Since the early 1970s, the Sahel – Burkina Faso, Chad, Mali, Mauritania, Niger and Senegal – has been suffering from chronic food shortages caused by economic crisis, poverty, desertification and climate changes. At the same time, population rates have been some of the fastest growing in the world, with a total average increase of up to 120% in the last 30 years.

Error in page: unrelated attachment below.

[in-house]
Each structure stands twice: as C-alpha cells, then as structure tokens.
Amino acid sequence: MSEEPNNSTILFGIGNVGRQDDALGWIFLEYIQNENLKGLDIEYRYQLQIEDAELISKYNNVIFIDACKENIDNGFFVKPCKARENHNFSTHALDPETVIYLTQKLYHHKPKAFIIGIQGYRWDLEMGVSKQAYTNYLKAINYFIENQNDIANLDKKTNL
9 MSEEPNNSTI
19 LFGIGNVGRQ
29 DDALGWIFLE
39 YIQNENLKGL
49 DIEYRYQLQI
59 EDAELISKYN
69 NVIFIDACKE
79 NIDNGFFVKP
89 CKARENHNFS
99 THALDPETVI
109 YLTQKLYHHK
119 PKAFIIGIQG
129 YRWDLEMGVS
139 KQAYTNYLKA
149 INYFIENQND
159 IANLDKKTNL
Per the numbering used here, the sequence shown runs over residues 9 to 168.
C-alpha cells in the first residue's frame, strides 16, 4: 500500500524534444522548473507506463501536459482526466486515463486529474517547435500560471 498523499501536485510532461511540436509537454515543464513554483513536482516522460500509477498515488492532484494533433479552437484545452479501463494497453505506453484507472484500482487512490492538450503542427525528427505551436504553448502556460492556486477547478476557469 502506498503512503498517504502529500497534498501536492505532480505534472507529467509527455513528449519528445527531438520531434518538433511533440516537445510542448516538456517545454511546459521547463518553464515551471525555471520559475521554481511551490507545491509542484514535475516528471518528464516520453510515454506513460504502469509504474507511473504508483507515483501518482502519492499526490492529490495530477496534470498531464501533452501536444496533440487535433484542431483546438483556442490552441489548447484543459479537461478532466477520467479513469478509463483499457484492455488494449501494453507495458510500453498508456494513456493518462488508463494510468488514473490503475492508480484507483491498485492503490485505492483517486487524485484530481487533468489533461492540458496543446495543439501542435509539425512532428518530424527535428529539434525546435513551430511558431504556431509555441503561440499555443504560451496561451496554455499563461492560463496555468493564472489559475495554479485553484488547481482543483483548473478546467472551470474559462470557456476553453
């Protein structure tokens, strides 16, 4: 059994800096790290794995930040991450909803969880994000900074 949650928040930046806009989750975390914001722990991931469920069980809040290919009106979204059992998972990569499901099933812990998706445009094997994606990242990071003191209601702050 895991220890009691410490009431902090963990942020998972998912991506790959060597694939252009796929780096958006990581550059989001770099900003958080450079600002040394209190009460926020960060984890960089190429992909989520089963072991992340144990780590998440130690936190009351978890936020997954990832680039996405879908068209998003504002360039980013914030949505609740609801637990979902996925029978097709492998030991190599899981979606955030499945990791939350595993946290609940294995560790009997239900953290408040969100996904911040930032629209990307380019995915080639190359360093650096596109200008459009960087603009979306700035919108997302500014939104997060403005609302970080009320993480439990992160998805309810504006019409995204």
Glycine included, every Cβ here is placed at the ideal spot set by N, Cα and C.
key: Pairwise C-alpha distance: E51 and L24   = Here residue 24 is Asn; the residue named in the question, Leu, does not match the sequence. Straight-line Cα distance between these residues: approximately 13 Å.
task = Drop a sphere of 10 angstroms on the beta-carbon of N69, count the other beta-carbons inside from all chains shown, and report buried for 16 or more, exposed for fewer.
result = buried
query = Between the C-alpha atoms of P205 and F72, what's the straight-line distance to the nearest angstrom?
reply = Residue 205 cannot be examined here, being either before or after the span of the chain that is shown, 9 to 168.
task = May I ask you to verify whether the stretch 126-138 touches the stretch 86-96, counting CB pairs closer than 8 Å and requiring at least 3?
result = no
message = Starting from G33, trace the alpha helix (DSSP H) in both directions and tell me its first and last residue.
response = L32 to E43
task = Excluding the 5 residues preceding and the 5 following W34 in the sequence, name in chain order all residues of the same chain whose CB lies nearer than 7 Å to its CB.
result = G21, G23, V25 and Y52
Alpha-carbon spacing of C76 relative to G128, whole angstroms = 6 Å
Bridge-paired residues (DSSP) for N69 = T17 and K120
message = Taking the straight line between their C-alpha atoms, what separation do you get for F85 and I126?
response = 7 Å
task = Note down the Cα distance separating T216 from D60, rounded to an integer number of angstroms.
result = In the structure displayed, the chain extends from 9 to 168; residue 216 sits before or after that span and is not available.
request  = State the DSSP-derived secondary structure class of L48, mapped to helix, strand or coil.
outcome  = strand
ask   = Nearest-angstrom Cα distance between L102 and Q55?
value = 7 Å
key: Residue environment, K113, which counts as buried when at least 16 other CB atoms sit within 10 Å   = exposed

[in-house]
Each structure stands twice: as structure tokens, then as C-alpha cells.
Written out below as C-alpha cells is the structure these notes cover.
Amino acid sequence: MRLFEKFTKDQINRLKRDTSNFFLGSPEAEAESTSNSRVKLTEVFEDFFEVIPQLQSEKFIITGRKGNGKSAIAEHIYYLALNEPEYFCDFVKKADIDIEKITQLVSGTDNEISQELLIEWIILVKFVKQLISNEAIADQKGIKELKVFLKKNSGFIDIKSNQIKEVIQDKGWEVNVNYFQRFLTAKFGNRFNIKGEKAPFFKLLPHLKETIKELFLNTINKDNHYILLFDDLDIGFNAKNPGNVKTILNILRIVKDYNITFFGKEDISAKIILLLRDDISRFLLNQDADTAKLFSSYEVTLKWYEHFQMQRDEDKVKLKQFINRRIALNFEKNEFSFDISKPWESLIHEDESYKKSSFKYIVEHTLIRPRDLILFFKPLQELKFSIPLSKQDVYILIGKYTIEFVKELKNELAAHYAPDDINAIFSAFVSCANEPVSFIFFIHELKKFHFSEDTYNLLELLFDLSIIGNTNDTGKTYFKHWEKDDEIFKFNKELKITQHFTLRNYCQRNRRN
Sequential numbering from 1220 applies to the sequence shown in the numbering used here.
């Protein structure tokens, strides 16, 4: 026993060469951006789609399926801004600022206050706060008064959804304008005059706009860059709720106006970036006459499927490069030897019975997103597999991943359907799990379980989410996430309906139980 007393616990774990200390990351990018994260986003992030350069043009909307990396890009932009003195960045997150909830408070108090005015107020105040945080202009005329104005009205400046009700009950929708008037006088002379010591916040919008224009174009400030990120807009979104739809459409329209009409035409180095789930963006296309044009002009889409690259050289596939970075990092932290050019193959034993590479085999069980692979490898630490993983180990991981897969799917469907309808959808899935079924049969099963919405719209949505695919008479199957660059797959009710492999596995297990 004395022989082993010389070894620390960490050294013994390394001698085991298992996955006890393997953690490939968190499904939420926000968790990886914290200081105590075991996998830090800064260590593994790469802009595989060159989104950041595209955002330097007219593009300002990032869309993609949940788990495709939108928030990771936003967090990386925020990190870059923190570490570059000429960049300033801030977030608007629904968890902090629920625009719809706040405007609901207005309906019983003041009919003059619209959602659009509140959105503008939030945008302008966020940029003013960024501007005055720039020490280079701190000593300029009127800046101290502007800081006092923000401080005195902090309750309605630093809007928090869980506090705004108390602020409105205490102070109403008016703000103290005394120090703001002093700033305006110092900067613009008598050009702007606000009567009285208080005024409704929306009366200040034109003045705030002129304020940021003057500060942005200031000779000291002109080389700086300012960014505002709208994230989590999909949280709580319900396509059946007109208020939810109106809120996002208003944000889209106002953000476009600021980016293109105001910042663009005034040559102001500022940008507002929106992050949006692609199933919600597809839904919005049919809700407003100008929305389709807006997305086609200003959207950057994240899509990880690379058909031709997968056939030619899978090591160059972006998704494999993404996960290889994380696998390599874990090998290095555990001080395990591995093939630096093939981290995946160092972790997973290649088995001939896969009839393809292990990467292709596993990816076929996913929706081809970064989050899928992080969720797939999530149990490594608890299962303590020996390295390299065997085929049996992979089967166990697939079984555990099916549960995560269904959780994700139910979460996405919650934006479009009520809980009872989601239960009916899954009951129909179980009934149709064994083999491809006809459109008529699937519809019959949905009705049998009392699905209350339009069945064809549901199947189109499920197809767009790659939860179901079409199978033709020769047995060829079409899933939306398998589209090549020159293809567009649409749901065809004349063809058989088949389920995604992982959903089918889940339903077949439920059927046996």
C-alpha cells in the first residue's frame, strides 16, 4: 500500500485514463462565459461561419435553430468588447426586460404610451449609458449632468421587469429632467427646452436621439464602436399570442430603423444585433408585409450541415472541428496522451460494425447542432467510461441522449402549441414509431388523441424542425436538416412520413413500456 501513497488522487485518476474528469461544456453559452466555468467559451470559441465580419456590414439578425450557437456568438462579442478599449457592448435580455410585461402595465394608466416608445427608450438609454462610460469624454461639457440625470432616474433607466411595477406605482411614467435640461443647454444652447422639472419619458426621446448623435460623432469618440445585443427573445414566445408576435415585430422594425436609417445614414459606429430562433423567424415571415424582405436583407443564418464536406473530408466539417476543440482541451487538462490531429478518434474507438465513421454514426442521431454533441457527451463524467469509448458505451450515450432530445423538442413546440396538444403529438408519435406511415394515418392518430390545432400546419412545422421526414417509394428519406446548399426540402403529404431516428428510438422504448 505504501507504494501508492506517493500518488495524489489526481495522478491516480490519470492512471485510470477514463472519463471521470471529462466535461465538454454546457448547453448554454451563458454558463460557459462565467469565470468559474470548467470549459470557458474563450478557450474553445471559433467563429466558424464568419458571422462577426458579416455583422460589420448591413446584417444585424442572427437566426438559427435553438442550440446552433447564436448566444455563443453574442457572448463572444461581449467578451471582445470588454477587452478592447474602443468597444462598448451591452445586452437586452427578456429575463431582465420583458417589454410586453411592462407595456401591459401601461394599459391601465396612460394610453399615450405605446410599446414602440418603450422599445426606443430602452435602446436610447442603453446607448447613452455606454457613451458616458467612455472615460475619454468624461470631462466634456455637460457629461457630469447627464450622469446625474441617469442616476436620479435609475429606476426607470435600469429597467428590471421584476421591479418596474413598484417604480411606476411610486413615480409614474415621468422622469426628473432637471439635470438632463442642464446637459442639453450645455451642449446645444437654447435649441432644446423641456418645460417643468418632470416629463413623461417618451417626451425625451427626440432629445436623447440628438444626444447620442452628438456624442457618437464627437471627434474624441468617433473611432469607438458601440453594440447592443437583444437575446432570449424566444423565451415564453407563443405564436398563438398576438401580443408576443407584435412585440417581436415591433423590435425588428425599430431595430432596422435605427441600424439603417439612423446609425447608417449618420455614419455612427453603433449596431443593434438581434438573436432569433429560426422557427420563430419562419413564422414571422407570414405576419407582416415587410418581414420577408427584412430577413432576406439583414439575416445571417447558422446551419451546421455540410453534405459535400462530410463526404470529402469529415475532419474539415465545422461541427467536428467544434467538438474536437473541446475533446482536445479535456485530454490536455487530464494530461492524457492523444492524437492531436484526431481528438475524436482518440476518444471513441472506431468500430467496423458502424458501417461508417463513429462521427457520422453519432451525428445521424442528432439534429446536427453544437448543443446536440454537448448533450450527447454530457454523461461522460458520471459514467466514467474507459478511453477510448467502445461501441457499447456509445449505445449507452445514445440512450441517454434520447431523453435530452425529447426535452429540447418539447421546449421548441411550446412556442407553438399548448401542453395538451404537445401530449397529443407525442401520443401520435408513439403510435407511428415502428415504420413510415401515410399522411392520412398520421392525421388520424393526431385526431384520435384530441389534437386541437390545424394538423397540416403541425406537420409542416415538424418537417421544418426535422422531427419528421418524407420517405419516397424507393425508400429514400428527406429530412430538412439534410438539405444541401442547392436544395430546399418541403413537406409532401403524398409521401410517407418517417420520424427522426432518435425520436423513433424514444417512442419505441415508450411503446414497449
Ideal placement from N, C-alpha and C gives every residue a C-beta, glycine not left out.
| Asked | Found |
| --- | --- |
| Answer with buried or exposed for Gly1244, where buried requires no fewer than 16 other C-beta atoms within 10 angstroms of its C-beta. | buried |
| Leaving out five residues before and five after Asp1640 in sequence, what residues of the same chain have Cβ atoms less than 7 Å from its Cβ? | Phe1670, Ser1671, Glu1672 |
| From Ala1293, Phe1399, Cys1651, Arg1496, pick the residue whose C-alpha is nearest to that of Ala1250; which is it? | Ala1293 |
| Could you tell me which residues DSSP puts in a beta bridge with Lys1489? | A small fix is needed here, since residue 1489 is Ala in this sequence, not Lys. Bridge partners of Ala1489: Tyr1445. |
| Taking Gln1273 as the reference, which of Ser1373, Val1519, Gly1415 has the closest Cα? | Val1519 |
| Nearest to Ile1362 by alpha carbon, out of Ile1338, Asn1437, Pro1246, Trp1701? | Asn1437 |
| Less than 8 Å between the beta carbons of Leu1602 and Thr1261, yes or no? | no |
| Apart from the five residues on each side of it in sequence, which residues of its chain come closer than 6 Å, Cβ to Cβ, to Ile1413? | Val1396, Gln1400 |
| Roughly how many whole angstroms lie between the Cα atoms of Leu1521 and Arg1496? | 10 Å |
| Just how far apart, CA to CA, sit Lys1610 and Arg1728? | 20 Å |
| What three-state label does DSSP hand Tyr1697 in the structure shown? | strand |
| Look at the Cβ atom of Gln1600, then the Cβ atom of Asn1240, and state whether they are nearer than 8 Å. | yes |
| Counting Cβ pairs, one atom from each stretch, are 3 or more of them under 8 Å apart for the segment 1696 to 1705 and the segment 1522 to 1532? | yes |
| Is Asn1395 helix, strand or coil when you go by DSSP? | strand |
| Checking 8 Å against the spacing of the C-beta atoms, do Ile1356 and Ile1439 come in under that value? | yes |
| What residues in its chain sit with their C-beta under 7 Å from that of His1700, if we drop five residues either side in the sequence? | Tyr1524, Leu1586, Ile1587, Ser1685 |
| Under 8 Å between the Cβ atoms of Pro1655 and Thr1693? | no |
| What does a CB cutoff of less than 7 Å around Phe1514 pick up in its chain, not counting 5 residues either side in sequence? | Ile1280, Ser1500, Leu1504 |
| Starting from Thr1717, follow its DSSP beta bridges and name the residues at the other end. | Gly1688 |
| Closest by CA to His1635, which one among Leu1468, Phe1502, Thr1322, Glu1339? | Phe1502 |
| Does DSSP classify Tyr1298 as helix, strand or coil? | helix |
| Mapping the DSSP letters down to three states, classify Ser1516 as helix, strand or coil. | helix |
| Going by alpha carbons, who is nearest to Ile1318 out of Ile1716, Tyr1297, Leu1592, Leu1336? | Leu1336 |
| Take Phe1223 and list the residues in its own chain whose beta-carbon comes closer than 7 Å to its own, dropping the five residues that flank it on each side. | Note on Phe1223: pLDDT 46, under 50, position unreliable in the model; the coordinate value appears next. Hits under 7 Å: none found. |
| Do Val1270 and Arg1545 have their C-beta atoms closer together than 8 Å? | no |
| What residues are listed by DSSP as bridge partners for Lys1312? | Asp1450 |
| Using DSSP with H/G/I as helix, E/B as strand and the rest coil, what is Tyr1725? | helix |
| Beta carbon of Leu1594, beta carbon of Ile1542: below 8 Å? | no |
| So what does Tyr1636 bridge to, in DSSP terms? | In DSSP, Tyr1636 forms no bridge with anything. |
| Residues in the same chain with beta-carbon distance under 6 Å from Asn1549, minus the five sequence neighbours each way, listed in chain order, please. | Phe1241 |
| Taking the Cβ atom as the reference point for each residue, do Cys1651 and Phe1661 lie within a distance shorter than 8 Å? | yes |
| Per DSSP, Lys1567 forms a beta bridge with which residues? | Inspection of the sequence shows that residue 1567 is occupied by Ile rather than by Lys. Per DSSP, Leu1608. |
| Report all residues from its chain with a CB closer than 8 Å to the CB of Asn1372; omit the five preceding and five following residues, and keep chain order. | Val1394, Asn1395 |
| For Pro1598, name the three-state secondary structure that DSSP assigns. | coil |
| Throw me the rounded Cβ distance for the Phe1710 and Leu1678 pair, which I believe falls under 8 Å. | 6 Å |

Two successive years of unusually poor rainfall and the 2004 locusts’ invasion, combined with these structural causes have slashed farmers’ crops, pushed market prices up and forced many families into debt. This has led to an estimated 3.7 million people in need of assistance: 2.5 million in Niger, 0.6 million in Mali and 0.6 million in Mauritania. In Burkina Faso, estimates in late 2005 indicated 500 000 people affected by crop losses. Avian Flu outbreaks in Niger and Burkina Faso have plunged the poultry industry into a crisis, curtailing a basic source of income for poor households.